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Address: 114 Tooting High St, London SW17 0RR

 

Cuisine: South Indian

Status: Closed

Alcohol Policy: Licensed

Price: ££

Summary: A little known, quiet curry house that seemingly suffered from a lack of custom. 

Mango Palace

Introduction

 

Urged by the establishment themselves on the Twittersphere to review their South Indian wares, we popped into Mango Palace to see if their bite was up to their bark. Walking past the likes of Radha Krishna Bhavan and Dosa n Chutny on the way, we were reminded of the company this establishment was keeping and hoped it would live up to its neighbours’ standards. Would Mango Palace offer a royally juicy feed or leave a sour taste in the mouth…

 

 

Venue

 

On first hearing, Mango Palace evokes images of juice filled fountains shimmering beneath fruity minarets– a thought difficult to resist for anyone, I’m sure. Not since James and the Giant Peach or Spongebob Squarepants’ Pineapple house have I been this excited about a fruit based dwelling. However, the reason you haven’t witnessed a gigantic Mango-shaped building on your way to Sainsburys is that the restaurant is, in fact, far less atypical. A shame, but nonetheless unsurprising. In fact, the reality is even a little disappointing. There isn’t a lot that stands out to give this place its own personality. Despite the odd, traditional Keralan mask on the wall, and a golden bar in the corner, the rest of the restaurant could have been in any typical high street curry house. On this occasion the atmosphere was also a bit flat too, although the quirky [Keralan?!] music – a strange mash up of Sigur Ros and Smurfs go pop - was some compensation for the lack of clientele.

 

5/10 for venue, but the food is what we came for, so was it redeeming enough?

 

Sides and Starters

 

Poppadoms

Sambar vadai

Devilled Chicken

Garlic Paratha

Peshwari Naan

Coconut rice

 

After some poppadoms with a notable raita dip and some eponymous chutney, we admired the quirky headers on the menu. Aroused by names such as Sensational Starters and Tongue Tinglers we were in too much of a flutter to order for ourselves so decided to leave the menu choices to our host, who willingly obliged. However, thinking I knew better, I still ordered a vadai off my own volition – a soft doughnut made of black gram, ginger, onions, curry leaves and chillies. Unfortunately, it came floating in a bowl of raita which left the vadai soggy and me with proverbial egg on my face.

 

We took the waiter’s advice on the rest of the food which proved more fruitful. The first recommendation was the devilled chicken which lived up to its tongue tingling reputation in healthy doses. Whilst the spice of this dish resonated well, the garlic paratha was not as satisfying, but still wasn’t bad. The peshwari naan on the other hand was sublime. A TCB favourite and good benchmark bread, the peshwari naans on Tooting High Street continue to please these two curry journeymen, and Mango Palace’s offering was no exception – fluffy, melt-in-the-mouth, coconut pleasure, what a bounty!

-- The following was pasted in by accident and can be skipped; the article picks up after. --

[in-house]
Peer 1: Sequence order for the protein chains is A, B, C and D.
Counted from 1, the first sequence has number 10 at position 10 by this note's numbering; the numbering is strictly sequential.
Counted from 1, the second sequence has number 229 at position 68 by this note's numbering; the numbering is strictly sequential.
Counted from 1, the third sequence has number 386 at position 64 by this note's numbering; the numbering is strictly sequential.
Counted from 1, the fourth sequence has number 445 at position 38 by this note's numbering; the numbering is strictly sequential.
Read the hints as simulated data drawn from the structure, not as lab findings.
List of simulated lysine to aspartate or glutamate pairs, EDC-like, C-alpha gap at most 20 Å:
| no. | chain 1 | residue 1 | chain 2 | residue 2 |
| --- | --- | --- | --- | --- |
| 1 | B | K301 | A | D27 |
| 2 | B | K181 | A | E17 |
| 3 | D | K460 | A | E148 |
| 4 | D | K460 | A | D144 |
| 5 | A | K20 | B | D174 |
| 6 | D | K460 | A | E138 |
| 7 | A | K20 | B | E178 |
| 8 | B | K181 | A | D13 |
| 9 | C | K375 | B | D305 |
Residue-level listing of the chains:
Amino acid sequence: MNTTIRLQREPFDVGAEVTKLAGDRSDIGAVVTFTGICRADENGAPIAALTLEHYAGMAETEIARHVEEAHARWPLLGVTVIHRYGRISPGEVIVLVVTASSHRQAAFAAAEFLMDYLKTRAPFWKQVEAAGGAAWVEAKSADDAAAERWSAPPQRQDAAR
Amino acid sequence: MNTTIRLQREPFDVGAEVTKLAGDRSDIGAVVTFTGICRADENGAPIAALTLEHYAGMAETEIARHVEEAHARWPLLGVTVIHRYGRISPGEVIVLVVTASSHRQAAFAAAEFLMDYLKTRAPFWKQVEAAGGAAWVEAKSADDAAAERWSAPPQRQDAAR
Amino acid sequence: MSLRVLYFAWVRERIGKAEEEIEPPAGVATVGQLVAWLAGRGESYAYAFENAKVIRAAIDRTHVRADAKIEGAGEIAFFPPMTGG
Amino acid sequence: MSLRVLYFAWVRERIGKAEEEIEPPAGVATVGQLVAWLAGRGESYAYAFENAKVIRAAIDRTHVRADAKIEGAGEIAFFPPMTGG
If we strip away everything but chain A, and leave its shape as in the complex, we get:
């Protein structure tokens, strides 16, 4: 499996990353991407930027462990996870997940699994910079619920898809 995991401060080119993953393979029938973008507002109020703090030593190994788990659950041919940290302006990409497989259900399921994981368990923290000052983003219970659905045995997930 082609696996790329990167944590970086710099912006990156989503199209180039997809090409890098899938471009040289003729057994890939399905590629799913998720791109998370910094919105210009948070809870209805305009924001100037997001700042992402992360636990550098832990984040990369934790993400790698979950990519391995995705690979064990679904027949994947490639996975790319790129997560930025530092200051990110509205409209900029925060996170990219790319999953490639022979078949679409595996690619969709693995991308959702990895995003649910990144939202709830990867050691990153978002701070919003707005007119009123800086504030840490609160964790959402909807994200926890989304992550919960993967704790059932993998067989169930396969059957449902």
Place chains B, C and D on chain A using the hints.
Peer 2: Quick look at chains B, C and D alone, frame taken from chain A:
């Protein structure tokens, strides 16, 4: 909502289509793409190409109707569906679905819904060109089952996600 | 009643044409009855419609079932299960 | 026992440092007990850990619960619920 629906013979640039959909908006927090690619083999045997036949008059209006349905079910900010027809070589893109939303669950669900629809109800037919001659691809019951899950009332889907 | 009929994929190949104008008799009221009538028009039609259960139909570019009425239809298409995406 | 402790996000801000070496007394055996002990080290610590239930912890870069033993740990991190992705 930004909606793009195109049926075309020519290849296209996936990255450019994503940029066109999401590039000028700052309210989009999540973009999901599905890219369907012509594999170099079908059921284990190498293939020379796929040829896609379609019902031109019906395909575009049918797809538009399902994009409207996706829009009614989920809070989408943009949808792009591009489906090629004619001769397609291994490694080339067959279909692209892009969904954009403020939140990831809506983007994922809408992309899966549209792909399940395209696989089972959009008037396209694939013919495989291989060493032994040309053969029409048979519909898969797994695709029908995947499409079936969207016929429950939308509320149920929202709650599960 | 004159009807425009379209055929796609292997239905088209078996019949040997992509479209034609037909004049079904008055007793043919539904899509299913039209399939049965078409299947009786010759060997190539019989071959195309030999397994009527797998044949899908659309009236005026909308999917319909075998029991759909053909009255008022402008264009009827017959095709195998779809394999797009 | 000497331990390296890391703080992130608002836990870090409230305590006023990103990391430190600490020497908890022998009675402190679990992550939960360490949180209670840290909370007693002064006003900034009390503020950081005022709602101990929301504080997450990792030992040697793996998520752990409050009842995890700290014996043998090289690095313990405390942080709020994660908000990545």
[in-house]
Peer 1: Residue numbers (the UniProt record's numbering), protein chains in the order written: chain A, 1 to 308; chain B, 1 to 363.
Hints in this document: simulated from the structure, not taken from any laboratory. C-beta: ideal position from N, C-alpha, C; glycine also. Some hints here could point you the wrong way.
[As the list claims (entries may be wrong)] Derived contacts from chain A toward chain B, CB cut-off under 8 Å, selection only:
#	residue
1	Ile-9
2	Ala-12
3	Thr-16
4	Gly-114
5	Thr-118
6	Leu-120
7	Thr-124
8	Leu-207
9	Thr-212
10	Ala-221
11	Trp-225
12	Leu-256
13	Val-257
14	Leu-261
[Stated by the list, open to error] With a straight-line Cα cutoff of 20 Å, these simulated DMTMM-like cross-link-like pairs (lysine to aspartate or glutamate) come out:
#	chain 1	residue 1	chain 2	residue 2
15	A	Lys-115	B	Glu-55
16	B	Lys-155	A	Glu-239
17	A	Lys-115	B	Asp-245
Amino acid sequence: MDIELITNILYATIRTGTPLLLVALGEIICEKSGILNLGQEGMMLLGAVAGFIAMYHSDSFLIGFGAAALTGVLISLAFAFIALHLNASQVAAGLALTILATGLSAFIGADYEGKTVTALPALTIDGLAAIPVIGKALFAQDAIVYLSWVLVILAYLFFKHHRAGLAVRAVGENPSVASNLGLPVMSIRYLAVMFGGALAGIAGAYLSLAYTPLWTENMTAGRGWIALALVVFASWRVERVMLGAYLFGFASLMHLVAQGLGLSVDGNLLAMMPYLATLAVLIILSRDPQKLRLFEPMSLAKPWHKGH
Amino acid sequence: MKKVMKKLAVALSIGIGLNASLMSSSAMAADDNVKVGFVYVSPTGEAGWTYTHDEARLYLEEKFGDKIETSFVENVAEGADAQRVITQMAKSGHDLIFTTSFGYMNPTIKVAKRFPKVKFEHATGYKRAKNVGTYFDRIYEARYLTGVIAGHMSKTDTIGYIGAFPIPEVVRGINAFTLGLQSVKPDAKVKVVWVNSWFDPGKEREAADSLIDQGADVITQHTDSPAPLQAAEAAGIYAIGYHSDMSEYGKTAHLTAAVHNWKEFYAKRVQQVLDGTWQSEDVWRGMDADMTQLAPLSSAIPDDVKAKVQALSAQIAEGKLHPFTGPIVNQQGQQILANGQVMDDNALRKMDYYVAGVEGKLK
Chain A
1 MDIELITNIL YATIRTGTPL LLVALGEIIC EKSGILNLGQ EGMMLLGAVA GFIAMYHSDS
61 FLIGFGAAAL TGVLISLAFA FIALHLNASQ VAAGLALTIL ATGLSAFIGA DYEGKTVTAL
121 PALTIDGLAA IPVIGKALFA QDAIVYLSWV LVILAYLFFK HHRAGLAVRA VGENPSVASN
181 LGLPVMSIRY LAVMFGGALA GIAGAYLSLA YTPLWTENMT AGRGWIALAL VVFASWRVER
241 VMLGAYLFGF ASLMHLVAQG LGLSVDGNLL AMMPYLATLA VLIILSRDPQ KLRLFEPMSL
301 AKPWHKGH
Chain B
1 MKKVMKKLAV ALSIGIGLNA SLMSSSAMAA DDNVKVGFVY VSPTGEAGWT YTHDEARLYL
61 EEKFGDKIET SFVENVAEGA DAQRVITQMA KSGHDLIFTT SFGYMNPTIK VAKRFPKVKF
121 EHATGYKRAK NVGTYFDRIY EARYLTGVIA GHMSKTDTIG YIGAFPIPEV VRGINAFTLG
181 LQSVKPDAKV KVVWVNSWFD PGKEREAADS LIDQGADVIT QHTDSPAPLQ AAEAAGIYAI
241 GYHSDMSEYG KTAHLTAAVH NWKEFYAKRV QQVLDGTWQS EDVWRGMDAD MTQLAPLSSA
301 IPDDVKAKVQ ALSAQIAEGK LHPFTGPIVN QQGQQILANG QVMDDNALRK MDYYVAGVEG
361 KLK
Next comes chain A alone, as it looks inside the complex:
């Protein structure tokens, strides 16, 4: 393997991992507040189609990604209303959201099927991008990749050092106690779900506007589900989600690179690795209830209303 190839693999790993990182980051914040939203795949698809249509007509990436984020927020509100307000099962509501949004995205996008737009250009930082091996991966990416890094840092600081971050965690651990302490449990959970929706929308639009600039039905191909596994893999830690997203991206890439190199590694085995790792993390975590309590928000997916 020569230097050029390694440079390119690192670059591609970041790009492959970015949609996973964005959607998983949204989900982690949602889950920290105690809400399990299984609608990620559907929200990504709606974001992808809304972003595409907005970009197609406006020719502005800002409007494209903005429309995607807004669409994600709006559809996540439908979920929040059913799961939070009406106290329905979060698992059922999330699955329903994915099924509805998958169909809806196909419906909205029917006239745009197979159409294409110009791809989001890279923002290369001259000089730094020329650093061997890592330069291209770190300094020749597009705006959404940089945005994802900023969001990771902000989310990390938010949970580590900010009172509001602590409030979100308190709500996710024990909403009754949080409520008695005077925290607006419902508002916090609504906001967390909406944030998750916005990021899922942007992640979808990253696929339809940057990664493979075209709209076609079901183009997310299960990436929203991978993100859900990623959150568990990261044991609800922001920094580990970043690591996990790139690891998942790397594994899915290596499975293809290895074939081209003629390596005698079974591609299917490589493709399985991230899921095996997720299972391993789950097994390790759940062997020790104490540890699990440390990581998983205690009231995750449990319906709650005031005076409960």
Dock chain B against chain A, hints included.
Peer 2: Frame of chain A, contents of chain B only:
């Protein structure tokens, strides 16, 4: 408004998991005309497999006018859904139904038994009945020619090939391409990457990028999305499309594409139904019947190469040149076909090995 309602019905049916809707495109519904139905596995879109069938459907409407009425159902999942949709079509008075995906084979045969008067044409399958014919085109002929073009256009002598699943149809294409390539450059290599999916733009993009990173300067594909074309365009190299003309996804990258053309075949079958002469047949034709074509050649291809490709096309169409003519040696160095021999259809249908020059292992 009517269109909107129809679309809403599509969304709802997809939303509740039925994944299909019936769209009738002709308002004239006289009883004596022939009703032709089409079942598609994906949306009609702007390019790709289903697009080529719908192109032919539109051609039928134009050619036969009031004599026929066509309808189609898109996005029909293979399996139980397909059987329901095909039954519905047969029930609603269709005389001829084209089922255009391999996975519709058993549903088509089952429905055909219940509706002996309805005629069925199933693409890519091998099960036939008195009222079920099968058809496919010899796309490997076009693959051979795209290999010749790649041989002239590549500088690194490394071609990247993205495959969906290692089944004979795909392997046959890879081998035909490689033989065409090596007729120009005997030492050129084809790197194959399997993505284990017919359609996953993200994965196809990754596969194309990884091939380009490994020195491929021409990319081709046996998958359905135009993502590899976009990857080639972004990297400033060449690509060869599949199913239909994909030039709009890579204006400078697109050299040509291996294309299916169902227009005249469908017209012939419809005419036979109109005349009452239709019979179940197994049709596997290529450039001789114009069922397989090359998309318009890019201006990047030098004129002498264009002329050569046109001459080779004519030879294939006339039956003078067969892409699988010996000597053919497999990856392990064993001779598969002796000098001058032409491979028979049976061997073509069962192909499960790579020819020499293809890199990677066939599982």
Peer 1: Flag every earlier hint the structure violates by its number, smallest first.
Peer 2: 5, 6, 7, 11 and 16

7/10

 

Curry

 

Kodumpli Fish Curry

Lamb Malabar

Our other main recommendation from our host was the kodumpli fish curry, a keralan dish of mango, ginger, garlic, curry leaves in a roasted coconut based sauce. As with most fish dishes, this proved a hit with Tom who was mopping up the remnants with paratha by the end. Whilst the fish wasn’t the most tender, the consistency and rich flavour of the sauce left a tangy kiss on the palate. The green, lamb malabar was of a similar dense, but smooth style that is likely to impress many, especially given some of the more greasier curries on offer further up the road. However, the lamb was not as tender as elsewhere and both curries arguably lacked a bit of texture. If you’re someone who prefers more than just meat in their sauce then these may not be for you. However, we aren’t as fussy and felt both were strong contenders. 7/10 for mains.

 

Service

 

What can I say other than it’s probably best listen to the advice on offer from those who know what they’re doing. The recommendations from the guy here were sound. On cue he delivered the goods, employing the old, committing-our-order-to-memory trick in the process – what a pro. He also patiently waited for us to set the world to rights at the end of the night, rather than hurry us out as the last customers, which was appreciated. No complaints. 7/10

 

Value For Money

 

Whilst we enjoyed our visit to the Palace, we weren’t left feeling as wealthy as the experience would suggest. Unfortunately, we have to be objective and say this isn’t as cheap as elsewhere, but neither is it overpriced. The lack of BYOB does tip it over the edge though compared to other Tooting venues meaning the end sum was slightly more princely than hoped. 6/10 for VFM.

 

Summary

 

It’s fair to say that Mango Palace is a bit of a mixed bag. Whilst we may have let our imaginations run wild with the name, and the experience was hardly fairytale, at times when sampling the peshwari or raita our dreams became a reality. Also, the atmosphere won’t improve unless more people visit, so please do, especially if you like your curry sauce rich and smooth and your naans buttery!

 

32/50 in total.

6 March 2014 - Mango Palace: Mango Palace; Man go home, full